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Employment-Based Health Benefits: Trends in Access and Coverage
EBRI Issue Brief #284
Paperback, 28 pp.
PDF, 595 kb
Employee Benefit Research Institute, 2005
• This Issue Brief examines the state of employment-based health benefits among workers with respect to offer rates, coverage rates, and take-up rates. It also examines how the state of employment-based health benefits has changed since the mid-1990s, reasons why workers do not have employment-based health benefits from their own employer, and how these reasons have changed since the 1990s.
• Fewer workers taking coverage: Between 1997 and 2002, the percentage of workers offered health benefits increased from 70 percent to 71.4 percent, and the percentage of workers covered by that health plan increased from 60 percent to 60.7 percent. Despite the fact that offer rates and coverage rates had increased, the percentage of workers taking coverage when offered declined from 85.7 per-cent to 84.9 percent.
• Reasons not covered: In 2002, 41.9 percent of wage and salary workers ages 18–64 reported that they worked for an employer that did not offer health benefits. Another 17 percent worked for an employer that provided health benefits but were not eligible for those benefits. More than 27 percent of workers reported that they were offered health benefits but they chose not to participate.
• Ineligibility: Just over 30 percent of workers not eligible for their employer’s health plan reported that they had not completed the required waiting period in 2002, while nearly 9 percent reported that they were employed either on a contract or temporary basis. Workers were much more likely to report that they were not eligible for health benefits because they worked part time.
Among workers who were not eligible for their employer’s health plan, 40.2 percent were uninsured in 2002, 45.7 percent had employment-based health benefits as a dependent, 5.9 percent purchased health insurance directly from an insurer, and 8.2 percent were covered by a public program.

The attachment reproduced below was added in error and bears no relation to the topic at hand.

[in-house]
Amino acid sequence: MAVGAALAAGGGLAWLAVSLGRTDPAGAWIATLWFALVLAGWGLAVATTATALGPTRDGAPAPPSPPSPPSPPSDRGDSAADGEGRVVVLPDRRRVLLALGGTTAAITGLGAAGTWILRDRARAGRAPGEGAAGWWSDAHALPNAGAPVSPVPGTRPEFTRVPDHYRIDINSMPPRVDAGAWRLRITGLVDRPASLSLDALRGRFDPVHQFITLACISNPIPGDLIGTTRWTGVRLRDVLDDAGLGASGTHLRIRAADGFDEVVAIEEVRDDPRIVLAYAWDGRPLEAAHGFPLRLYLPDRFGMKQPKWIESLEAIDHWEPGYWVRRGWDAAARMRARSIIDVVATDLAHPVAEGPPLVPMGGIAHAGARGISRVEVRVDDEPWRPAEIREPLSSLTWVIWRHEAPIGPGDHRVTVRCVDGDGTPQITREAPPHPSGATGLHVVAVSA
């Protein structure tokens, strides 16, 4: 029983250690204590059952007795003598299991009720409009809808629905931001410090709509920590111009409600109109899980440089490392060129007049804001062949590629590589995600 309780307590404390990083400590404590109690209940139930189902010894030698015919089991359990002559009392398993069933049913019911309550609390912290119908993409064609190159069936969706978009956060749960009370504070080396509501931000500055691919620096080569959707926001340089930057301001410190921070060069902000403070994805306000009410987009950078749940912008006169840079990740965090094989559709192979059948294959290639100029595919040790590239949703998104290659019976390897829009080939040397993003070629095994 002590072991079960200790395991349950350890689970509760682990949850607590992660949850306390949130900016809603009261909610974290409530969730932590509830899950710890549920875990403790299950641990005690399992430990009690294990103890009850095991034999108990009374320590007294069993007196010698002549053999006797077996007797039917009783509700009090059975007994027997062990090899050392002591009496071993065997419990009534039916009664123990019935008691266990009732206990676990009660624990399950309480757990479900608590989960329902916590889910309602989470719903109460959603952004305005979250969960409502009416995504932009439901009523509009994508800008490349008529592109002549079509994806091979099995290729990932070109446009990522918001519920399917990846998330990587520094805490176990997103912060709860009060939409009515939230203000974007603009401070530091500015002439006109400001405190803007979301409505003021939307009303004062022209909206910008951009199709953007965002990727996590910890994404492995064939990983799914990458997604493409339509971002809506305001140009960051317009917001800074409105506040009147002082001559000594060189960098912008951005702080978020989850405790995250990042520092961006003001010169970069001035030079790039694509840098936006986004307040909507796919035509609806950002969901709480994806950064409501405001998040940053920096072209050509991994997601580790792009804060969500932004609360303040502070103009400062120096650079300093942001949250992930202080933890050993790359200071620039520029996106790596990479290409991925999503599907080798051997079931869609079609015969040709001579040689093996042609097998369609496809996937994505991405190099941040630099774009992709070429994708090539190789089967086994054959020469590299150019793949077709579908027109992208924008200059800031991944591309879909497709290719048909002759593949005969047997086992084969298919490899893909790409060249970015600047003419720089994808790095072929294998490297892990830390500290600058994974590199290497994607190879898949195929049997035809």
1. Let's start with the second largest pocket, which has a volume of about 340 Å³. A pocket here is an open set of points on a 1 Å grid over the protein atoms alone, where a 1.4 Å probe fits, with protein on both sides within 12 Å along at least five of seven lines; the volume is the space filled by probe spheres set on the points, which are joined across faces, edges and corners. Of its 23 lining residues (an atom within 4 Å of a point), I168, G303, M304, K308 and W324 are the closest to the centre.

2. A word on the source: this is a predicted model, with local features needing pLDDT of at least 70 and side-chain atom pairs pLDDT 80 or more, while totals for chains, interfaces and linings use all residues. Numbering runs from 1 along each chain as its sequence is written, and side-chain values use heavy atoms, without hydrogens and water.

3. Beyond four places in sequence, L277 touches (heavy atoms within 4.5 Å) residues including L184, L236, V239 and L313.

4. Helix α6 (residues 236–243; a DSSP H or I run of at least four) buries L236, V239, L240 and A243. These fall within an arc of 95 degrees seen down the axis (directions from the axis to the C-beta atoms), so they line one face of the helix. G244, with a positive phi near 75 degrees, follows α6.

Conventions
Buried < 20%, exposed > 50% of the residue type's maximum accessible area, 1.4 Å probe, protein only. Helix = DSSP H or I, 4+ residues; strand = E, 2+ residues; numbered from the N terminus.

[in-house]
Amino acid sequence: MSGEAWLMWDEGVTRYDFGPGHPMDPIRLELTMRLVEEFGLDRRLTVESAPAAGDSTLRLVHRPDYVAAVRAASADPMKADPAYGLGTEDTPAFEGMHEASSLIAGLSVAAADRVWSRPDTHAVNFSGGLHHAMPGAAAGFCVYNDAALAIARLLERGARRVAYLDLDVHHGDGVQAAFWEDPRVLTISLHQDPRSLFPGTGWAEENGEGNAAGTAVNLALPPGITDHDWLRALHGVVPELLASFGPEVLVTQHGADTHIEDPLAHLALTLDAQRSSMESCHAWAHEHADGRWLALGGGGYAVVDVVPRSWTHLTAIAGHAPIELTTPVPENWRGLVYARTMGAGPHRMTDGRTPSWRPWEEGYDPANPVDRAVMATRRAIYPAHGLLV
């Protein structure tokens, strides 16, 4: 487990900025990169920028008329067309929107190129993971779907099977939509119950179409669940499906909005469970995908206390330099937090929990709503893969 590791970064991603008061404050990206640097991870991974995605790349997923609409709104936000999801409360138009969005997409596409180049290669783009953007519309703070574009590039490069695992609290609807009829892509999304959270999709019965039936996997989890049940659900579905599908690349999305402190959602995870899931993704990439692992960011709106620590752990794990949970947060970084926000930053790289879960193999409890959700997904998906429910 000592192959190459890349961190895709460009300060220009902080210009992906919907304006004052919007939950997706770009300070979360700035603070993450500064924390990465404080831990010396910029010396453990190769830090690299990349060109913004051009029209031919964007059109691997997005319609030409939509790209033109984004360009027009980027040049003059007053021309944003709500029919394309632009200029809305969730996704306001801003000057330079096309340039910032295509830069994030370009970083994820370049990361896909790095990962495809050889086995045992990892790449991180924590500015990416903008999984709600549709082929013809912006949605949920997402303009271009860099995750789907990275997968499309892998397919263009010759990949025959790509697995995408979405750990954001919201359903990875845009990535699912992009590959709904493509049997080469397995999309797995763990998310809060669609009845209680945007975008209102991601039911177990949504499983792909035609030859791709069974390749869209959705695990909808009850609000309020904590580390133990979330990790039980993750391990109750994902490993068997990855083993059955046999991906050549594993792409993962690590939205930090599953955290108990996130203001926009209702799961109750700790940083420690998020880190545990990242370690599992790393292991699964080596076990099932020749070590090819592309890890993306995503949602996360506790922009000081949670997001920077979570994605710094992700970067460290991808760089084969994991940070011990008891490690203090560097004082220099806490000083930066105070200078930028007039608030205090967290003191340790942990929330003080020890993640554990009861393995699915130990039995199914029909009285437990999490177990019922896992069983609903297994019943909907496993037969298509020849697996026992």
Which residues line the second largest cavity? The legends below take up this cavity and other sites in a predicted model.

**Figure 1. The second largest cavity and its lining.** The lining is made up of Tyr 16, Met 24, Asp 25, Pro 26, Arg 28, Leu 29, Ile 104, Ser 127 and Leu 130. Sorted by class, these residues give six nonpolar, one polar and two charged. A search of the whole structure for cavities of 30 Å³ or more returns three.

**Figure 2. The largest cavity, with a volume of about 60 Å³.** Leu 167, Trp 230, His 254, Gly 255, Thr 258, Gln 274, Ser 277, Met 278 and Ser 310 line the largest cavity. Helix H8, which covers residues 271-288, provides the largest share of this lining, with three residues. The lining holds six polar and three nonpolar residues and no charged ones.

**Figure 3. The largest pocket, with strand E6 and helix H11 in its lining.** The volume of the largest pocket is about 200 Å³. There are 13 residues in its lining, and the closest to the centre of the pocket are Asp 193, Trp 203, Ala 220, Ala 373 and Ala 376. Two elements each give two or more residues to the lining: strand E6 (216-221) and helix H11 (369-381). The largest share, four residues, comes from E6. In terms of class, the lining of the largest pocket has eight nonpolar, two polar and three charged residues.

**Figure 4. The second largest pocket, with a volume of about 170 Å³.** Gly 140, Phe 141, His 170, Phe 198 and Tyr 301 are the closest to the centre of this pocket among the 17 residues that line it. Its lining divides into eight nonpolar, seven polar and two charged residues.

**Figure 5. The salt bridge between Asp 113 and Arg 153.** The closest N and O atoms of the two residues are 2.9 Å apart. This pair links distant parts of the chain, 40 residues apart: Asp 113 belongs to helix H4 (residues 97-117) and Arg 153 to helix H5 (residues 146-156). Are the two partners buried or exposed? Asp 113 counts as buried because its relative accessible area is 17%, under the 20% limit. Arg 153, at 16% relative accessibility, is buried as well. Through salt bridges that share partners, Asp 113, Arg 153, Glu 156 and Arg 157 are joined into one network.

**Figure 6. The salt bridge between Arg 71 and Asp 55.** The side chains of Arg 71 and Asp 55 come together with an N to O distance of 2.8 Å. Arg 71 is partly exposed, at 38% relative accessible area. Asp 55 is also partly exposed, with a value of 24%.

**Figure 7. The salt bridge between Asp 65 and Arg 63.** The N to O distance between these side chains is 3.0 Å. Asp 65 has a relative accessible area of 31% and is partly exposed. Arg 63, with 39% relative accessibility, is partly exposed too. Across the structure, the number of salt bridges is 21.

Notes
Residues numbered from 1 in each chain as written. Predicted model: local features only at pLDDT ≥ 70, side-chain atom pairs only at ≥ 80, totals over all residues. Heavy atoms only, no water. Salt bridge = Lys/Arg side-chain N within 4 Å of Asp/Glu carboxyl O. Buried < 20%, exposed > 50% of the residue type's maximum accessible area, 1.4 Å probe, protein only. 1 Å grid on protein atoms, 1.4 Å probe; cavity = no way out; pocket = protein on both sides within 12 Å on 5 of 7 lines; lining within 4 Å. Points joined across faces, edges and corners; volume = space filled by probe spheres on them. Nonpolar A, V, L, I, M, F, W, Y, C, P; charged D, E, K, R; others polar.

• Nonparticipation: Among the reasons given by those who chose not to participate in their employer’s health plan, 75.4 percent stated that they were covered by someone else’s health insurance in 2002. Just over 22 percent reported that the plan was too costly, and another 3.1 percent reported that either they did not need insurance or they did not want insurance.
• Dependent coverage: Workers whose employer does not offer health benefits are more likely to be uninsured than they are to have employment-based health benefits as a dependent. In 2002, 46.3 per-cent of workers whose employer did not offer health benefits were uninsured. In contract, 37 percent of those workers had employment-based health benefits as a dependent, 7 percent purchased health insurance directly from an insurer, and 9.8 percent were covered by a public program.
Workers with access to health benefits through their own job were much less likely to be uninsured and much more likely to be covered by employment-based health benefits as a dependent. Specifically, 20 percent were uninsured in 2002, 70.5 percent had employment-based health benefits as a dependent, 2.9 percent purchased health insurance directly from an insurer, and 6.7 percent were covered by a public program.
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